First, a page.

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      11-13-1833: Spectacular Meteor Shower

      Another spectacular display occurred as recently as 1966.
      A â??remarkable display of the meteoritesâ?? was observed at various points across the United States during the early morning of November 13, 1833. Henry Rowe Schoolcraft writing from Mackinac Island described the phenomenon as â??radiating balls, streams of fire or falling stars from the zenith into the lake.â??

      On the east coast, â??those who were up at four saw the grandest site.â?? There were three distinct lights in the night sky besides the usual array of stars. There were â??shooting points of lightâ?? that emanated from a center point and cascaded to the horizon, â??resembling a thick shower of luminous snow.â?? Then there were â??luminous bodies which hung dimly in the air.â?? Finally, the most spectacular sight was the â??falling fireballs, some which burst, while others went out of sight.â?? They were so bright that even the smallest object could be seen as the meteors lit the night sky. One of the fireballs was reportedly larger than the moon; another was â??like a serpent coiling itself up,â?? while others resembled â??square tablesâ?? or â??pruning hooks.â?? The ones that burst left â??trains of light behind them, some tinged withâ?| prismatic colours.â??

      Schoolcraftâ??s brother-in-law, William Johnston, was in northern Minnesota â??on the sources of the Mississippiâ?? at the time and concurred that the event was nothing short of wonderful. â??The weather,â?? Johnston wrote, â??is still very pleasant, with very little frost at night. About two or three in the morning one of the men came and awoke me. â??Come and see a strange sight,â?? he said. We went to the door, where we saw every now and then, stars shooting or falling. The center from whence they first appeared to the eye was, to us, nearly in a direct line above our headsâ??from whence they went in all directions, to all points of the compass.â?? He related that he and his companion went into the house, sat down and smoked their pipes, shaking their heads in astonishment at what they had seen.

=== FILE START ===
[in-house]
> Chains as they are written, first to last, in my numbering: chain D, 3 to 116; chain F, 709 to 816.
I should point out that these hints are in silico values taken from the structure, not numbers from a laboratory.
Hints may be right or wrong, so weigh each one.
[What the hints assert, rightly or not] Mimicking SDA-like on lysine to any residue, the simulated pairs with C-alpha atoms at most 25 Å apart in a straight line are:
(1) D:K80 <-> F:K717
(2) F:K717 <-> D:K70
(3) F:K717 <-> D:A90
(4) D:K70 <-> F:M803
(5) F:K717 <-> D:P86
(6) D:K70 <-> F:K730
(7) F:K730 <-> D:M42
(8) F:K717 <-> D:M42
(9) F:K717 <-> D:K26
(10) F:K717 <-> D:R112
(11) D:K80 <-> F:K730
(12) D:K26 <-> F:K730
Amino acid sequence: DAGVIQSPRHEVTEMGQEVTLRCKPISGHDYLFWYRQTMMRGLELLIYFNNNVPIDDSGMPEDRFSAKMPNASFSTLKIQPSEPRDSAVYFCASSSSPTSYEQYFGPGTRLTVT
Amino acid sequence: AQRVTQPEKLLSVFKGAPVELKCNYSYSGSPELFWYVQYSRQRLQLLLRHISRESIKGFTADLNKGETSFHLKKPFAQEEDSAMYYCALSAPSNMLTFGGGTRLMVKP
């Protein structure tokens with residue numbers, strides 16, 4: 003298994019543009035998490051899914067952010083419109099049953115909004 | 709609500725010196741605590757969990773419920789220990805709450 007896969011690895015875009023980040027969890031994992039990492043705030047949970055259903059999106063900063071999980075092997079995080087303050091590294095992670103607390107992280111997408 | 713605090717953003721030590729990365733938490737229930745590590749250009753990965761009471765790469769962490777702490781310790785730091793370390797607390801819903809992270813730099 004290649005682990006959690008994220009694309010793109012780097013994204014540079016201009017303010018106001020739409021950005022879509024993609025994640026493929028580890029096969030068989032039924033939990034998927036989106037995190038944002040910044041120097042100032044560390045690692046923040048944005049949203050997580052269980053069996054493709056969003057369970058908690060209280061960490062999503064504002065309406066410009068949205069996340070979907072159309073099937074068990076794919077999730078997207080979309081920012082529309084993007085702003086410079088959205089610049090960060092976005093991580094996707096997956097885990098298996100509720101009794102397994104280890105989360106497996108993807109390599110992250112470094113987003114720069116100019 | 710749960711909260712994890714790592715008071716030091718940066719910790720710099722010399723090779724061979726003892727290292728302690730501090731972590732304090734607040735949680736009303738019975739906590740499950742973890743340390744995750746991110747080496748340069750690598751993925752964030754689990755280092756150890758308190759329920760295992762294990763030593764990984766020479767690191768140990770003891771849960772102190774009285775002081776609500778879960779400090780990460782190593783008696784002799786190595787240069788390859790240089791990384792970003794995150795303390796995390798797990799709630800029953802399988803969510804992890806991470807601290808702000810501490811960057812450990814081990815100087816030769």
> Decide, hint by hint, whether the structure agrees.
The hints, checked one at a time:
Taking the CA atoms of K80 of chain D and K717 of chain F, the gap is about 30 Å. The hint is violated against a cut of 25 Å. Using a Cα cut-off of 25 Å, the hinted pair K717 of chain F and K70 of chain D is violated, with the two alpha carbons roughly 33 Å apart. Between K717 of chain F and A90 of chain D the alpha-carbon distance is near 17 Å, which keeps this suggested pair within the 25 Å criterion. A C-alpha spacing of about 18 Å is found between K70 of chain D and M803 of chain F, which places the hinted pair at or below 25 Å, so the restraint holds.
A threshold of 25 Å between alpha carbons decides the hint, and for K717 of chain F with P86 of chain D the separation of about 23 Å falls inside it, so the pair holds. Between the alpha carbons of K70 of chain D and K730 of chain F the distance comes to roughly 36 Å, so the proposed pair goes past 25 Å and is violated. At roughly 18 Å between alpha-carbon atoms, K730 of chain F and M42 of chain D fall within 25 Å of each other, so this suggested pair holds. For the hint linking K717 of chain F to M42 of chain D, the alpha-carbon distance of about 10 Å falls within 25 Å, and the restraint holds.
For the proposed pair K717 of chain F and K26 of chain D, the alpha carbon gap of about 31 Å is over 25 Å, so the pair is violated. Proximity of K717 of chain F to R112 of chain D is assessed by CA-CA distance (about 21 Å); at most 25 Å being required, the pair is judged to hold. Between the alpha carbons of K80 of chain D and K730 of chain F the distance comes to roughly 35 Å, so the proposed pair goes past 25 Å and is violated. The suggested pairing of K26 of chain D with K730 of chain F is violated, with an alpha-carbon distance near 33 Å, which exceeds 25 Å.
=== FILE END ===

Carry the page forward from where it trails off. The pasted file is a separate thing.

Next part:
They decided to take one last look before retiring. â??What a sight it was!â?? exclaimed Johnston. â??The whole heaven appeared to be lit with falling stars, and we could now more plainly seeâ?|the center from whence they would shoot. The night was calm, the air clear, nothing to disturb the stillness, but the hushed breathings of the men. The stars were accompanied with a rustling noise, and, though they appeared to fall as fast and as thick as hail, above them, now and then, we could see some of the fixed stars, shining as bright as ever. I can compare it nothing more comprehensive than a hail storm. The sight was grand beyond description.â?? Johnston watched the heavenly display until â??the bright streaks of dayâ?? appeared and â??the light of the sun caused them to disappear.â??

      The heavenly phenomenon was the Leonid Meteor shower, probably the most spectacular of modern times. At Fort Snelling, a diarist noted the â??shooting stars were seen early in the morning and continued flying in every direction until daylight. They were extremely brilliant and very much alarmed the Indians.â??

      Schoolcraft said some called for mild weather because of the spectacular event. The prediction of warmth held true with December ending up the warmest twelfth month at Fort Snellingâ??s (near present-day St. Paul) record; a remarkable 14.8 degrees above the long term average. The coldest reading until the day after Christmas was a balmy 14 above zero.

      The last great Leonid shower occurred in 1966 (Image 2 above). The peak of the Leonid this year will occur late Thursday night into Friday. Right now, it looks like high pressure will be settling into the Upper Great Lakes, so the sky should by clear, or at least partly cloudy. While this installment of the Leonid meteor shower will not be as spectacular as the 1833 or 1966 episodes, it is worth a look anyway.